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Reasonsathletes are paid so much money
Intoday’s world, a person earns an amount that equates to the valueof their contribution to the community. In an ideal society, thisshould be the case as it would allow for people that work the hardestto earn a fair share of their efforts. Though most of the time thisis usually the case, there is one group that continuously defies thisrule. Athletes are some of the most paid individuals globally.However, there is a consensus that the wages these people earn areabnormally high. A more concerning matter is that people in morecritical sectors of the society make way less than these individuals.The paper evaluates the issue of why professional athletes are paidso much money. It seeks to show that there are several factors thatplay a role in allowing these individuals to earn these excessivesalaries.
Reasonsathletes are paid so much money
Tounderstand the reasons as to why athletes are paid very highsalaries, it is important first to evaluate what these salariestranslate to in figures. Professional athletes refers to all thoseindividuals that take up sports as their full-time job. These peoplespend most of their time practicing for their games and their hardwork is rewarded through humongous salaries. Some of the best payingsports include soccer, basketball, golf, tennis and football amongothers. On average, professional athletes are paid an upward ofbetween $10-$100 million annually and even more depending on thesport or level of performance (Kaplan, and Joshua, 38).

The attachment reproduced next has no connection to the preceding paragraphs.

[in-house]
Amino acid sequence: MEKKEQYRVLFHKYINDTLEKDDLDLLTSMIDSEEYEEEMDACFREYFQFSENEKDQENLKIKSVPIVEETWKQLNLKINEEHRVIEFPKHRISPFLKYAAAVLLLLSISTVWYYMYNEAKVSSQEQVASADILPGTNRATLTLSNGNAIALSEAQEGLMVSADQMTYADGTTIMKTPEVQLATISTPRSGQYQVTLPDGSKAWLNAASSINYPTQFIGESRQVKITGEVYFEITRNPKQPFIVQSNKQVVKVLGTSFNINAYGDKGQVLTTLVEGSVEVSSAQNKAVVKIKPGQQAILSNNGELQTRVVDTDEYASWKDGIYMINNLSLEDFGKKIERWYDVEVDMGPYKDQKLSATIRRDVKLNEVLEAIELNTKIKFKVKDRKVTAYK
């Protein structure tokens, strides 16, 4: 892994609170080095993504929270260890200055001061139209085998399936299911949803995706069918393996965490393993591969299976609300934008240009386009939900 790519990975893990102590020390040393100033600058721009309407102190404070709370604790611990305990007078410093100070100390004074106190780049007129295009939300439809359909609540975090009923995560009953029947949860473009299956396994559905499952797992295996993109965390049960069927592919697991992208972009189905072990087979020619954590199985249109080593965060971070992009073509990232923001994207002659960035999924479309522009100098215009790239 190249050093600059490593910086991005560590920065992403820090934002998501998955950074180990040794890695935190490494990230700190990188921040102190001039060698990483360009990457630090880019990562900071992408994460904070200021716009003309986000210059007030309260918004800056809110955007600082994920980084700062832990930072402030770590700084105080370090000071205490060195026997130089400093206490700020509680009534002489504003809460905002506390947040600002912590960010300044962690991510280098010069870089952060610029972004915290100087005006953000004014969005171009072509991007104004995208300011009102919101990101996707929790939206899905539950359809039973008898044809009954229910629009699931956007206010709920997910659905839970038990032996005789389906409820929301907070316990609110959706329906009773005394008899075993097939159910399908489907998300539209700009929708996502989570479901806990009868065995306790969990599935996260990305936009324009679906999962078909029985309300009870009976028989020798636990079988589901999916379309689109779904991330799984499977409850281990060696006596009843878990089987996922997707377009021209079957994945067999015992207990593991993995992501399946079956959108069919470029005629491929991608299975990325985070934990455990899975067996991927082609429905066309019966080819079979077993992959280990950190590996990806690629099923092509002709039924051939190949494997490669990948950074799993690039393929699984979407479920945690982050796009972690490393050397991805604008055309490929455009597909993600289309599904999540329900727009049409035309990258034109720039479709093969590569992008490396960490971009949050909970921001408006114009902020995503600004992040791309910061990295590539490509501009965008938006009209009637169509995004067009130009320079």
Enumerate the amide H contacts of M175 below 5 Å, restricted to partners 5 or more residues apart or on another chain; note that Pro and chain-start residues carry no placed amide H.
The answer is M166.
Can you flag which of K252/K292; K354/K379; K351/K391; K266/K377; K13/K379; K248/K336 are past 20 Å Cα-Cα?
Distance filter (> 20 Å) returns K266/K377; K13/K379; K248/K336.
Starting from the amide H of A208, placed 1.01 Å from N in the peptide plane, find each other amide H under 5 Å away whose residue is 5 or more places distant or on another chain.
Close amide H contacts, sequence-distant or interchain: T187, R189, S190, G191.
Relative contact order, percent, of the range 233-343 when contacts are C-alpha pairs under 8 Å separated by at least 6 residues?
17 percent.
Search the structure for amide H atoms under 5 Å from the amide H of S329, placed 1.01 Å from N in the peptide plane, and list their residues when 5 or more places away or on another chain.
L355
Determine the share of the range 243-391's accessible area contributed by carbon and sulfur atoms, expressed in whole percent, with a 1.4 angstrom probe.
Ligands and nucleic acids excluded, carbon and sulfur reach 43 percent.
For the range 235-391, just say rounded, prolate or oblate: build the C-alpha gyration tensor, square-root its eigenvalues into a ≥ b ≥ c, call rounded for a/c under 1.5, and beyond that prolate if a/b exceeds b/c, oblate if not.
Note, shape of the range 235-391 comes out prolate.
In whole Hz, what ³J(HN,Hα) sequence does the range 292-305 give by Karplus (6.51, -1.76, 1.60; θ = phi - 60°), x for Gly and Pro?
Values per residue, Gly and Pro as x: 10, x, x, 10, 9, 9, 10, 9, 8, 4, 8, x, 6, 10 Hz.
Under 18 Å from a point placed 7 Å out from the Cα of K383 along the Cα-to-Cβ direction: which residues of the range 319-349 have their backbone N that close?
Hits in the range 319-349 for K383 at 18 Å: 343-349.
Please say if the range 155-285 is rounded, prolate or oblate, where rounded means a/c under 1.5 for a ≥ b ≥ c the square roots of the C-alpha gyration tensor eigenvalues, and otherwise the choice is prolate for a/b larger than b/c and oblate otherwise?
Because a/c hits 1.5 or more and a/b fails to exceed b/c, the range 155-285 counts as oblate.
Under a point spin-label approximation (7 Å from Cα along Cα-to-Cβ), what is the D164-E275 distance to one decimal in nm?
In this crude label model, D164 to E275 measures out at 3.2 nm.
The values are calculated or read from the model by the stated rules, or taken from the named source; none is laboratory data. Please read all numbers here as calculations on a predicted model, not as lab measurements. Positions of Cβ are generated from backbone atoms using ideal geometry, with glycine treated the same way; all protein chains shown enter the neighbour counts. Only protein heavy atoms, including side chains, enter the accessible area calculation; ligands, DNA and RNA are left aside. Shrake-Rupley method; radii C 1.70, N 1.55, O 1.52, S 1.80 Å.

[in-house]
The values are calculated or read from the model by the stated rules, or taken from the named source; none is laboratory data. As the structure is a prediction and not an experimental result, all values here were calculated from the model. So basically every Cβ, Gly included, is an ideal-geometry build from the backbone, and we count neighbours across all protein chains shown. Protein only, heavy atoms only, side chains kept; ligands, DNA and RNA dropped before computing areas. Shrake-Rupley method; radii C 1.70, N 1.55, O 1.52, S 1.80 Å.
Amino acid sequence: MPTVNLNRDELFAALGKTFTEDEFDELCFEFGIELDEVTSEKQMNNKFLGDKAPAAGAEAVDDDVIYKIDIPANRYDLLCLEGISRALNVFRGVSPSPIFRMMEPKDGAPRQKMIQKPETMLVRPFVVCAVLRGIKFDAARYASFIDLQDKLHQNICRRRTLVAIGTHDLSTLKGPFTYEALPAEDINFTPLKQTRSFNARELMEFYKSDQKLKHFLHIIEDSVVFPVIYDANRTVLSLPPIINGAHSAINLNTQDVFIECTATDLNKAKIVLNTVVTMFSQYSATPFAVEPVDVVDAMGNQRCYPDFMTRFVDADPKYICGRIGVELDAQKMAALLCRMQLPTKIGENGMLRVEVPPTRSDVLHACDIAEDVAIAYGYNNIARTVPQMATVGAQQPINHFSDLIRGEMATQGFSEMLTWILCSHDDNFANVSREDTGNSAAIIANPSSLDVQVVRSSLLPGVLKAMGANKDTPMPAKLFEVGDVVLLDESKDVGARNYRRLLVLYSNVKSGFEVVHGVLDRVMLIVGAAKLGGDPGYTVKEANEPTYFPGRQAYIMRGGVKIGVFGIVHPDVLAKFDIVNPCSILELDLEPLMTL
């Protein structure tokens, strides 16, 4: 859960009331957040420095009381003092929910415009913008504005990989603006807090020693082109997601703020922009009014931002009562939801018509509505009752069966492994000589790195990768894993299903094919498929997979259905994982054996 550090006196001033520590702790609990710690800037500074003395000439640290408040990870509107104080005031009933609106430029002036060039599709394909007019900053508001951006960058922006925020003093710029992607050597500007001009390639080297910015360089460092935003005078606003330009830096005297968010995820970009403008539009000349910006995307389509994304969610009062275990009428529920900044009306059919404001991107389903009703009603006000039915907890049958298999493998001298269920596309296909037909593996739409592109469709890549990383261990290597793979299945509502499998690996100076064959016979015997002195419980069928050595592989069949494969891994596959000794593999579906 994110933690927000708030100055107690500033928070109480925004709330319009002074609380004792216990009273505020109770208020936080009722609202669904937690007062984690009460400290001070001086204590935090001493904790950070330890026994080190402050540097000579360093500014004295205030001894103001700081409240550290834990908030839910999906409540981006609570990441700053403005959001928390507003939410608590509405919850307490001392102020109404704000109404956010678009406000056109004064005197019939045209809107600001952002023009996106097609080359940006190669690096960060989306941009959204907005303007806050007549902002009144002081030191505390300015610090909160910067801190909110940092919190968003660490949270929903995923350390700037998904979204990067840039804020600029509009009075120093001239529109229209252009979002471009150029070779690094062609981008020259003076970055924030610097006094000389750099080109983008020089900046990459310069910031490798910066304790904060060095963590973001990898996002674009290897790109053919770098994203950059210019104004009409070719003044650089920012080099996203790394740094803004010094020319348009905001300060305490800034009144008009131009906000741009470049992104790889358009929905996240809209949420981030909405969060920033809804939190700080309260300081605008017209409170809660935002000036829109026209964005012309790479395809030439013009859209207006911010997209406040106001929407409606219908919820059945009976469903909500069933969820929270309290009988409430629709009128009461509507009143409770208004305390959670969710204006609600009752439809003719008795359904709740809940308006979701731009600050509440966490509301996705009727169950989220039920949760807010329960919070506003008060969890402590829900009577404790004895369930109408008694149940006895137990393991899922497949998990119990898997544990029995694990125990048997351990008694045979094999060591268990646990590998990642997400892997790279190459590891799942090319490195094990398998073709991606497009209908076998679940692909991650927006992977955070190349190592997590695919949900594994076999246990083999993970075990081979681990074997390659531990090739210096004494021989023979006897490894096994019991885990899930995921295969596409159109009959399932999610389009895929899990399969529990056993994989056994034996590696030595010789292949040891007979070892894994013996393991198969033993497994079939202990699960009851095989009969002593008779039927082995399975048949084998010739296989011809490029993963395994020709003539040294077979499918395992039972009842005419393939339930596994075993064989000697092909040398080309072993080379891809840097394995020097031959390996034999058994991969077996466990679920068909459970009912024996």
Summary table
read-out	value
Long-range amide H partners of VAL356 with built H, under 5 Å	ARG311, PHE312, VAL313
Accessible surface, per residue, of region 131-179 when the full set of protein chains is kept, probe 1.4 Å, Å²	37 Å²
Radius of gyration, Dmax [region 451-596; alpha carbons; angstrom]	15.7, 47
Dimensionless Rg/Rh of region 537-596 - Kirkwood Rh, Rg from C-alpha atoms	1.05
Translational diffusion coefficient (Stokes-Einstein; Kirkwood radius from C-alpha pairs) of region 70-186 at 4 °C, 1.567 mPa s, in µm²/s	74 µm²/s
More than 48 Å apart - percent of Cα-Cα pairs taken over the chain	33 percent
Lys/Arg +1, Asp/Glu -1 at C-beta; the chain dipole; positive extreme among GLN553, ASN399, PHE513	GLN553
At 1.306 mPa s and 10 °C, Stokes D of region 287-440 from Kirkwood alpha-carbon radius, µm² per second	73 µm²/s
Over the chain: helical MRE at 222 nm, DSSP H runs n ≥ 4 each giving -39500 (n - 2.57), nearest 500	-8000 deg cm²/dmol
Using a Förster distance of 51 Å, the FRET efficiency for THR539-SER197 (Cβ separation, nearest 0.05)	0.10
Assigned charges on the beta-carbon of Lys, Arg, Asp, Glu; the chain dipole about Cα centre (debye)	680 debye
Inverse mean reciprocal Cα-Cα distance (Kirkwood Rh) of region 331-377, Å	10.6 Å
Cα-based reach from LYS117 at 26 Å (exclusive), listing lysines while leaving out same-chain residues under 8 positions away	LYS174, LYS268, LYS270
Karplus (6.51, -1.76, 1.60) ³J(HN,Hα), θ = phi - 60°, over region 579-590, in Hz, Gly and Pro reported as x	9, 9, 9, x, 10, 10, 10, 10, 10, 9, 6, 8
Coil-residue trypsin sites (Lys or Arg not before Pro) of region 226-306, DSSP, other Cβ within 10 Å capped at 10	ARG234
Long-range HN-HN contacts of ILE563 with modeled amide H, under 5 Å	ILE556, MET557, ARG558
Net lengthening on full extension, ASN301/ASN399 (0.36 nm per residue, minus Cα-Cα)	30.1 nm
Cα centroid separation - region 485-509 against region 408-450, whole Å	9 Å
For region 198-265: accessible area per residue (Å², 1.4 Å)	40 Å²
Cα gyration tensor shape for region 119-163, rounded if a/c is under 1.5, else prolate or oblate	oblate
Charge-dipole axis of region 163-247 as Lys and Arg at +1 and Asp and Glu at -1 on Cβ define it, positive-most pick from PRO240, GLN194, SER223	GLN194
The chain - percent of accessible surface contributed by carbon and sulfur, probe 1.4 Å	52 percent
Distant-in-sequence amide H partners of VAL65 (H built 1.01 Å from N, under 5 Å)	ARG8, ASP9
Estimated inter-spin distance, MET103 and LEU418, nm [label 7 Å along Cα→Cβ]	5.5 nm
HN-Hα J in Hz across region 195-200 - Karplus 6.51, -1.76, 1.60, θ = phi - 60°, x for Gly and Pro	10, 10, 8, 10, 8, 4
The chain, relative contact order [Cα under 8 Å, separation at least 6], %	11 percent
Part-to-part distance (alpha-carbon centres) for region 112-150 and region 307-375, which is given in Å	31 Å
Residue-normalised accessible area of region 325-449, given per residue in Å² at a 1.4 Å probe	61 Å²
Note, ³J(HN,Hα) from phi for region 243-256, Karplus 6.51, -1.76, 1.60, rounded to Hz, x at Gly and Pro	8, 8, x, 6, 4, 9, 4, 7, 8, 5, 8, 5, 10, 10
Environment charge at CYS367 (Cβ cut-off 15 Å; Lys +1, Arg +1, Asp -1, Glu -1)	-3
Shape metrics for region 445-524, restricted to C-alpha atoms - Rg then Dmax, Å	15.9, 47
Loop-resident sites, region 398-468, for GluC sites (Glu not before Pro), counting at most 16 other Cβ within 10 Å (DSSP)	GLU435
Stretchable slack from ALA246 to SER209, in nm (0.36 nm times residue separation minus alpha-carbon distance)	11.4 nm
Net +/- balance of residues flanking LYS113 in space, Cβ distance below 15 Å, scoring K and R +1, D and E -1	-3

Theabove figure is in great contrast to other professions which play amore important role in ensuring the betterment of the society. Someof the careers that pay salaries which are considered too littleinclude law enforcement, medicine, emergency services, military andteachers among many others. On the height of their careers,individuals in these sectors earn between $65000 and $150000 (Kaplan,and Joshua, 42). The contrast between the two is visible. However,there is no end in sight for this outrageous divide.